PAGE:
For years, VST and AU have been the big two plugin standards that developers have adhered to, but now Bitwig and u-he could be about to shake things up with CLAP.
This ‘CLever Audio Plugin API’ is described as a new open standard for audio plugins and hosts, and promises modern features, innate stability and rapid support for developers. And, because it’s open-source, there are no barriers to entry for developers.
We’re told that CLAP offers several advantages in comparison to existing plugin standards, starting with better performance from modern CPUs. It promises to “take multi-thread management to a new level, with clear and efficient allocation of roles between plugin and host”. Preliminary tests are reported to show significant performance gains.
We’re also promised better and faster plugin organisation. CLAP hosts can read plugin metadata and retrieve information from them without waiting for them to initialise, so scans should be faster.
Bitwig and u-he are also working on an extension which will enable plugins to tell the host which files they need (samples, wavetables, etc), so that these can be consolidated into the project file. This should make transferring projects between systems simpler and more reliable.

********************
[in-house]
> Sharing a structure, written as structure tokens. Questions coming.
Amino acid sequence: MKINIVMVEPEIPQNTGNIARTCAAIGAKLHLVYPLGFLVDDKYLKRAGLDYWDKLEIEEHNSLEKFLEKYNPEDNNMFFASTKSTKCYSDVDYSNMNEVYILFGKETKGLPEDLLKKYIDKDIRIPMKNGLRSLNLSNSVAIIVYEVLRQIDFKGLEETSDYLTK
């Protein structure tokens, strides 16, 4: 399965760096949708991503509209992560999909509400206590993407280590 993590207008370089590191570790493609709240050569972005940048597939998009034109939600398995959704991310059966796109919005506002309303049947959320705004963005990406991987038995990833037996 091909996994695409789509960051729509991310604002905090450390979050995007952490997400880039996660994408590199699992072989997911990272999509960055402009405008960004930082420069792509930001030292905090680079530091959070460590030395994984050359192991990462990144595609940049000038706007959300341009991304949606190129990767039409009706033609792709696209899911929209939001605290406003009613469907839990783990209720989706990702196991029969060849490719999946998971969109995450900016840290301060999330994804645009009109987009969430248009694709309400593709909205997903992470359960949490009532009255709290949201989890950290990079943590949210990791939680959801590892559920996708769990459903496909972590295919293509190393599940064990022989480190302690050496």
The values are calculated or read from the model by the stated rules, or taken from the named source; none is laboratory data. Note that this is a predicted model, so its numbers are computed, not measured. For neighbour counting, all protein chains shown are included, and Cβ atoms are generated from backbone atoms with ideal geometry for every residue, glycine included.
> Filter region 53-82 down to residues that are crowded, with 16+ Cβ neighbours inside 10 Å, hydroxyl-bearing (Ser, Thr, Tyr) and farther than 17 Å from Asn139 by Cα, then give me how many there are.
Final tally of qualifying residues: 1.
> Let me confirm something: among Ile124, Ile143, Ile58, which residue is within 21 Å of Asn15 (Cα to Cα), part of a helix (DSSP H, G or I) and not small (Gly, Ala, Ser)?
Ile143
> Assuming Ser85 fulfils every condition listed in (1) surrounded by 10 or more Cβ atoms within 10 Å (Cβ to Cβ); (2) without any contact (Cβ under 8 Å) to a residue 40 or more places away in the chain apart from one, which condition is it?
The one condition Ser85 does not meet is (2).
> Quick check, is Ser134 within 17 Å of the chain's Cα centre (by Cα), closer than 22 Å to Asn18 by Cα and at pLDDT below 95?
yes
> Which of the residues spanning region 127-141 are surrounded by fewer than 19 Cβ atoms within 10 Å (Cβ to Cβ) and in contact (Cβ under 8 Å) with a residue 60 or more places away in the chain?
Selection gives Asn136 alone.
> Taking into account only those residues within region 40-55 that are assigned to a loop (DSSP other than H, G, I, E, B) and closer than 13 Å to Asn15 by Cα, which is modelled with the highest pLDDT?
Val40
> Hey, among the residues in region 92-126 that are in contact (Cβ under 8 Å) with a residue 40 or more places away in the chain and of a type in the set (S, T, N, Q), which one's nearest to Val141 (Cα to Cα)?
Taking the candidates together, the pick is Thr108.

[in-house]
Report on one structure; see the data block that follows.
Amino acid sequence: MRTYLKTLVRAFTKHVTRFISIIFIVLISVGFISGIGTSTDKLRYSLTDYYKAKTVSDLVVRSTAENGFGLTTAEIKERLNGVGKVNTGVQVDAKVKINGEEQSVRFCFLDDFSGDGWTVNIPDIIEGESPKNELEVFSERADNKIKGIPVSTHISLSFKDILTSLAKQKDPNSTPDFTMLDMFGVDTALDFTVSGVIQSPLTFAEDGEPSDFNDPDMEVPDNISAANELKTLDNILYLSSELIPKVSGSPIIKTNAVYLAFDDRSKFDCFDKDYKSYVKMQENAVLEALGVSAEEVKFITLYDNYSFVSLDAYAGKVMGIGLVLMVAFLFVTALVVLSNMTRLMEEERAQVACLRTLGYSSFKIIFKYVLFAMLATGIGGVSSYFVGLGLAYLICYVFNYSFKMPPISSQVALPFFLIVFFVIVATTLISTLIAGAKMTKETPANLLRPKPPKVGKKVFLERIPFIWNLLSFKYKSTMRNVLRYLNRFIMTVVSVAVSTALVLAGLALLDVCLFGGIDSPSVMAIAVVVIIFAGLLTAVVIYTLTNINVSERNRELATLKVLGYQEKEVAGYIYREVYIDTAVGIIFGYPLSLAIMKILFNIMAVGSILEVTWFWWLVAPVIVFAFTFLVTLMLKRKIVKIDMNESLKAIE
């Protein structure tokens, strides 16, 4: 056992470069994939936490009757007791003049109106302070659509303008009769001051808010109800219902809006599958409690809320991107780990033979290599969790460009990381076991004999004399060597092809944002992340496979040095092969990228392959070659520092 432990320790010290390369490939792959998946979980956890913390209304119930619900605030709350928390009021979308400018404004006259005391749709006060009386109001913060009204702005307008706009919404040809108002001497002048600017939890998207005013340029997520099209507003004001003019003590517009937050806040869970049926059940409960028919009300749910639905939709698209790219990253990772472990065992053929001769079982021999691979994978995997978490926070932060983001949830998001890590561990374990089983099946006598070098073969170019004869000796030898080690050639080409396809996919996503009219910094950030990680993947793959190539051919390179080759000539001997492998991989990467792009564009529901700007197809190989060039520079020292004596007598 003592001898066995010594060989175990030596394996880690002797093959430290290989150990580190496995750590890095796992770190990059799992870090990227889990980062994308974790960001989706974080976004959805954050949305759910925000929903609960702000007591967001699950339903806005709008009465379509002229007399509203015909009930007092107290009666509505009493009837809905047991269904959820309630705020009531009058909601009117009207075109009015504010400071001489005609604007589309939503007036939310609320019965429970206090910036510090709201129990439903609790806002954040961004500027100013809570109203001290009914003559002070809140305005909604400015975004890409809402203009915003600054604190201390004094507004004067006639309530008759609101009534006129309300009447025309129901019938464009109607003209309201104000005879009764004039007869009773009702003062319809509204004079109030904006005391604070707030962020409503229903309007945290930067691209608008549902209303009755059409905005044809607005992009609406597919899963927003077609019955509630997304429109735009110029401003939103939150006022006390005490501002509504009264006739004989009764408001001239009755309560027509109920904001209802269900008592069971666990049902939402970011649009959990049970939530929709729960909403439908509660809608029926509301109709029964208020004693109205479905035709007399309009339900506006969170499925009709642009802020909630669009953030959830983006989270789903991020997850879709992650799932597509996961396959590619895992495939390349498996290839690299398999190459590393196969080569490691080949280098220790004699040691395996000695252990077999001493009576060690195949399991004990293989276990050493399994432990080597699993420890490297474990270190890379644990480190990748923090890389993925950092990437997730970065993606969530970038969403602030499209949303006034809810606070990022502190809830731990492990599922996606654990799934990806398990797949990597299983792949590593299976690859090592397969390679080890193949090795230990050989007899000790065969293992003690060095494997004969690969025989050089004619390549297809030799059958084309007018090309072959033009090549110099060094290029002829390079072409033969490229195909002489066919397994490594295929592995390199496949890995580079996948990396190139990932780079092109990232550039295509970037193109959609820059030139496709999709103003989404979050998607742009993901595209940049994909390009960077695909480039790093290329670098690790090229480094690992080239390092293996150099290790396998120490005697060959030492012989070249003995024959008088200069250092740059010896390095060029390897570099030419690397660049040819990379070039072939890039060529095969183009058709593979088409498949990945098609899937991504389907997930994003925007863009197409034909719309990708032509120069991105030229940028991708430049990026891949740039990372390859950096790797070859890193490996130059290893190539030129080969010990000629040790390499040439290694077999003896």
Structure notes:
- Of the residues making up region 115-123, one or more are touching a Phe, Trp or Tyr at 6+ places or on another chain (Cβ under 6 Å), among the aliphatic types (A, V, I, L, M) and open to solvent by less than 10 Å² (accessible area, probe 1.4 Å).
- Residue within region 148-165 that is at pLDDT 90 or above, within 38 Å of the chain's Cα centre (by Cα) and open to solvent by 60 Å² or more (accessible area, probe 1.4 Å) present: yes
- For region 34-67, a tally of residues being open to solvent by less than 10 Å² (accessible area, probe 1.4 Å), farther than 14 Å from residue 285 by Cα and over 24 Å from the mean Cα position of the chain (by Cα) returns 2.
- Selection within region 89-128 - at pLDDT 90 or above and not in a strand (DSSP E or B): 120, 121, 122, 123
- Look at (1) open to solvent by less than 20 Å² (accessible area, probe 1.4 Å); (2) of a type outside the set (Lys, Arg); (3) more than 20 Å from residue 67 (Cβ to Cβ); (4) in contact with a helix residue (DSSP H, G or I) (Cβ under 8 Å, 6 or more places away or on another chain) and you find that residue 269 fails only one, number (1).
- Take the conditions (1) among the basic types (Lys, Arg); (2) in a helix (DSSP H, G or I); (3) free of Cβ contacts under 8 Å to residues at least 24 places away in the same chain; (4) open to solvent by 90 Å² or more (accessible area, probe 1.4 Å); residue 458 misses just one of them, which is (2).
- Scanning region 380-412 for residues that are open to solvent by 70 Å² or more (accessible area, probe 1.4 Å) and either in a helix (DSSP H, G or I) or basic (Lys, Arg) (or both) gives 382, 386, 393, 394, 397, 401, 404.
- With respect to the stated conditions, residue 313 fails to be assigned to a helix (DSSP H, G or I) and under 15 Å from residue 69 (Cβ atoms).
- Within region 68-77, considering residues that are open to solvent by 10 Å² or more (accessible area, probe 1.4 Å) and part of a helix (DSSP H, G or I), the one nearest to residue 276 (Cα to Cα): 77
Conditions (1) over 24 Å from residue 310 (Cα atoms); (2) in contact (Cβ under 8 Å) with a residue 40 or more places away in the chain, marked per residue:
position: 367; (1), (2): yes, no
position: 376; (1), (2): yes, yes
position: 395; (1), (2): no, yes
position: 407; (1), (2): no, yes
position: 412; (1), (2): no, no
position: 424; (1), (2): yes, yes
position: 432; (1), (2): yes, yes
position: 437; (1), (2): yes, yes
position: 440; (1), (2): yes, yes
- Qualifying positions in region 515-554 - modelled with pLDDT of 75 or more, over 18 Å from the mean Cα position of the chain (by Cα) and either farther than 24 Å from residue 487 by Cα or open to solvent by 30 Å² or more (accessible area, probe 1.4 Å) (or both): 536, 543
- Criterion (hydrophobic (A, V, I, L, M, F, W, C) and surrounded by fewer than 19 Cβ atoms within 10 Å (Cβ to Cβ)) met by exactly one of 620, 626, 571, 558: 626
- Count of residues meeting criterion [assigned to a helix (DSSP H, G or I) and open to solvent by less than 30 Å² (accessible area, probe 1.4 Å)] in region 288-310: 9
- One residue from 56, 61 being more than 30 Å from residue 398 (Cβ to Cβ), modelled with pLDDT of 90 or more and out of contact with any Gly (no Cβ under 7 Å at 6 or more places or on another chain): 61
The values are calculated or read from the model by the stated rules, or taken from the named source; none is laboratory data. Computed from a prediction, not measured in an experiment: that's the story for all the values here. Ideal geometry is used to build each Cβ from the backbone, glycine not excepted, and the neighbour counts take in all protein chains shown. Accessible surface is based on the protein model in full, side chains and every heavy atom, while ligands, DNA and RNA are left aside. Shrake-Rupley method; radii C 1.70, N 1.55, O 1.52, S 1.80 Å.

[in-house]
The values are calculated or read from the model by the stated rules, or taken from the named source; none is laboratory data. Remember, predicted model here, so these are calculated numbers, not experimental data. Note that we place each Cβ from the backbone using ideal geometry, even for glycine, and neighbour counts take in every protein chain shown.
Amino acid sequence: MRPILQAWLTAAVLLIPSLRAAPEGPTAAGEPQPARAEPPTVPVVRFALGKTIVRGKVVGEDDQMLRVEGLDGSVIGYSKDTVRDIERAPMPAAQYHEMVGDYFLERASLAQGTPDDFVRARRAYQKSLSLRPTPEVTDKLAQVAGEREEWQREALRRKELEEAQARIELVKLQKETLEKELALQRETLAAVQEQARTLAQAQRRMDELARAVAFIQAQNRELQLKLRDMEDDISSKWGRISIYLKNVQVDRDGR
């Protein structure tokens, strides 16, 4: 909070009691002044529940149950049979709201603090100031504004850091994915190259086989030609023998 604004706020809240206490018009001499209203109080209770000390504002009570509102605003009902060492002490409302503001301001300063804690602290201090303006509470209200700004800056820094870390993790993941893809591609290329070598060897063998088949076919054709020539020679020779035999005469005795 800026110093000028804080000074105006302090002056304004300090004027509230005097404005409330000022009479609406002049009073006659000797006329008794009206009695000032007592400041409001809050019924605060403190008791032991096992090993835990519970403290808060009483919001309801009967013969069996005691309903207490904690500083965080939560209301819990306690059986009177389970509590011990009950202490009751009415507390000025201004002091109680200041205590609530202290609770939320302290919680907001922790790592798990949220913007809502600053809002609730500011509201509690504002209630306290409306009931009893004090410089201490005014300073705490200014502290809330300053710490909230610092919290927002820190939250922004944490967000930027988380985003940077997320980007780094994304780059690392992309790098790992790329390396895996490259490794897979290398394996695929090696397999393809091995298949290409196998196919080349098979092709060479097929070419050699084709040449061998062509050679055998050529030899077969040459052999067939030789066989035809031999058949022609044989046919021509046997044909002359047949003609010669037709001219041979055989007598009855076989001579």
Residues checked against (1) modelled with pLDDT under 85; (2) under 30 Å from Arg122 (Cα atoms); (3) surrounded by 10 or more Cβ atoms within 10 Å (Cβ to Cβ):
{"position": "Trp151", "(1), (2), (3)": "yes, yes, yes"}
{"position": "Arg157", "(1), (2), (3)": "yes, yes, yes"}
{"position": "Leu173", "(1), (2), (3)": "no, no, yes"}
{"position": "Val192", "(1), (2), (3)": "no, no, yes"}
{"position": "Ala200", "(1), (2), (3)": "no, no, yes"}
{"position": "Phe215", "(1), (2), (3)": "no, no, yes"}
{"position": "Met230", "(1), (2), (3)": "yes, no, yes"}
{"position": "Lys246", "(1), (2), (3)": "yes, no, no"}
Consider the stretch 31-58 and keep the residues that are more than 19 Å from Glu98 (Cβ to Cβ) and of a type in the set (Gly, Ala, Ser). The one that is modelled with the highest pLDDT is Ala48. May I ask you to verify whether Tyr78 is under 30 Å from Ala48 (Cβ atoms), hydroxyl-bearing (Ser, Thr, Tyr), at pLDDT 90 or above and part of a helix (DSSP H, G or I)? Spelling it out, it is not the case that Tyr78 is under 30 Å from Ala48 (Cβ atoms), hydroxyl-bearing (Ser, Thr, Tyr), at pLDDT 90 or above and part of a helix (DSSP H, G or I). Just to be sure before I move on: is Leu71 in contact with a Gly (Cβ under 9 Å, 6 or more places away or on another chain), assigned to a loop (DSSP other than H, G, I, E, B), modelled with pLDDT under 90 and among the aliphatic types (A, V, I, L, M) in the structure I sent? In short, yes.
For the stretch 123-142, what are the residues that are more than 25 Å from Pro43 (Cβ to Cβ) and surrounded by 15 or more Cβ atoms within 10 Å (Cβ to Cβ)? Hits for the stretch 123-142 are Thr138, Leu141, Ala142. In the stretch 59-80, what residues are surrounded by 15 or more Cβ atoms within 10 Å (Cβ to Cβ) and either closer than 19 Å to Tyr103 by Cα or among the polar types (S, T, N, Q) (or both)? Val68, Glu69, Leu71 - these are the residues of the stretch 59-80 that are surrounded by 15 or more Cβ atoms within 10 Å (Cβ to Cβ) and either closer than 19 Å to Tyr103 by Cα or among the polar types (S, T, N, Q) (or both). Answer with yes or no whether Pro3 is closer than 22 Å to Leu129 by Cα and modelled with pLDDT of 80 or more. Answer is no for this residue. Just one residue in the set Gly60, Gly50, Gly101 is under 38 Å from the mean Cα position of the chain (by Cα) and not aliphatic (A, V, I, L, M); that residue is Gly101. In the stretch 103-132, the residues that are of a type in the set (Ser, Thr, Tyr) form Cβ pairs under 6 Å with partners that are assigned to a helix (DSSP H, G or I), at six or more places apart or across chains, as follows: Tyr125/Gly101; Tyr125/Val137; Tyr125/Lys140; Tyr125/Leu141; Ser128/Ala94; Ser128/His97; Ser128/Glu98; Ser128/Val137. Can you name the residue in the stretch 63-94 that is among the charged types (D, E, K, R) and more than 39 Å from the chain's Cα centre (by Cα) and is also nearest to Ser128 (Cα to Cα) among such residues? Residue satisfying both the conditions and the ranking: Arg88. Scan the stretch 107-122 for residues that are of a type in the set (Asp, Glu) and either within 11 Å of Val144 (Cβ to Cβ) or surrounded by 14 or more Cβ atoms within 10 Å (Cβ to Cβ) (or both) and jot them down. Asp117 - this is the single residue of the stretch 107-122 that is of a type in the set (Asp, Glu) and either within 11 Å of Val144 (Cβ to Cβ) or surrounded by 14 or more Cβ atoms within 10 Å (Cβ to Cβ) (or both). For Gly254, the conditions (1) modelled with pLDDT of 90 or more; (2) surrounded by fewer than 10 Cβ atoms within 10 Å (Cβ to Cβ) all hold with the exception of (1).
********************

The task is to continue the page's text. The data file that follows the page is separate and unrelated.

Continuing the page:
There are also benefits for automation, modulation and expression. In accordance with the MIDI 2.0 spec, there’s per-note automation and modulation, while the non-destructive parameter modulation concept means that, as soon as modulation has finished, the target parameter will return to its original state.
What’s more, polyphonic plugins can have their per-voice parameters modulated for individual notes - something that Bitwig and u-he describe as “MPE on steroids”.
CLAP is designed to be future-proof; although it’s inspired by MPE and MIDI 2.0, it can adapt to any future MIDI standard. Companies can also develop their own proprietary extensions for specific features if they need to.
In short, this looks like a serious bid to disrupt the plugin landscape. CLAP 1.0 has been in development for several years, and it’s already being evaluated by the likes of Arturia, CableGuys, FabFilter, Image-Line, PreSonus, Valhalla DSP and Xfer Records.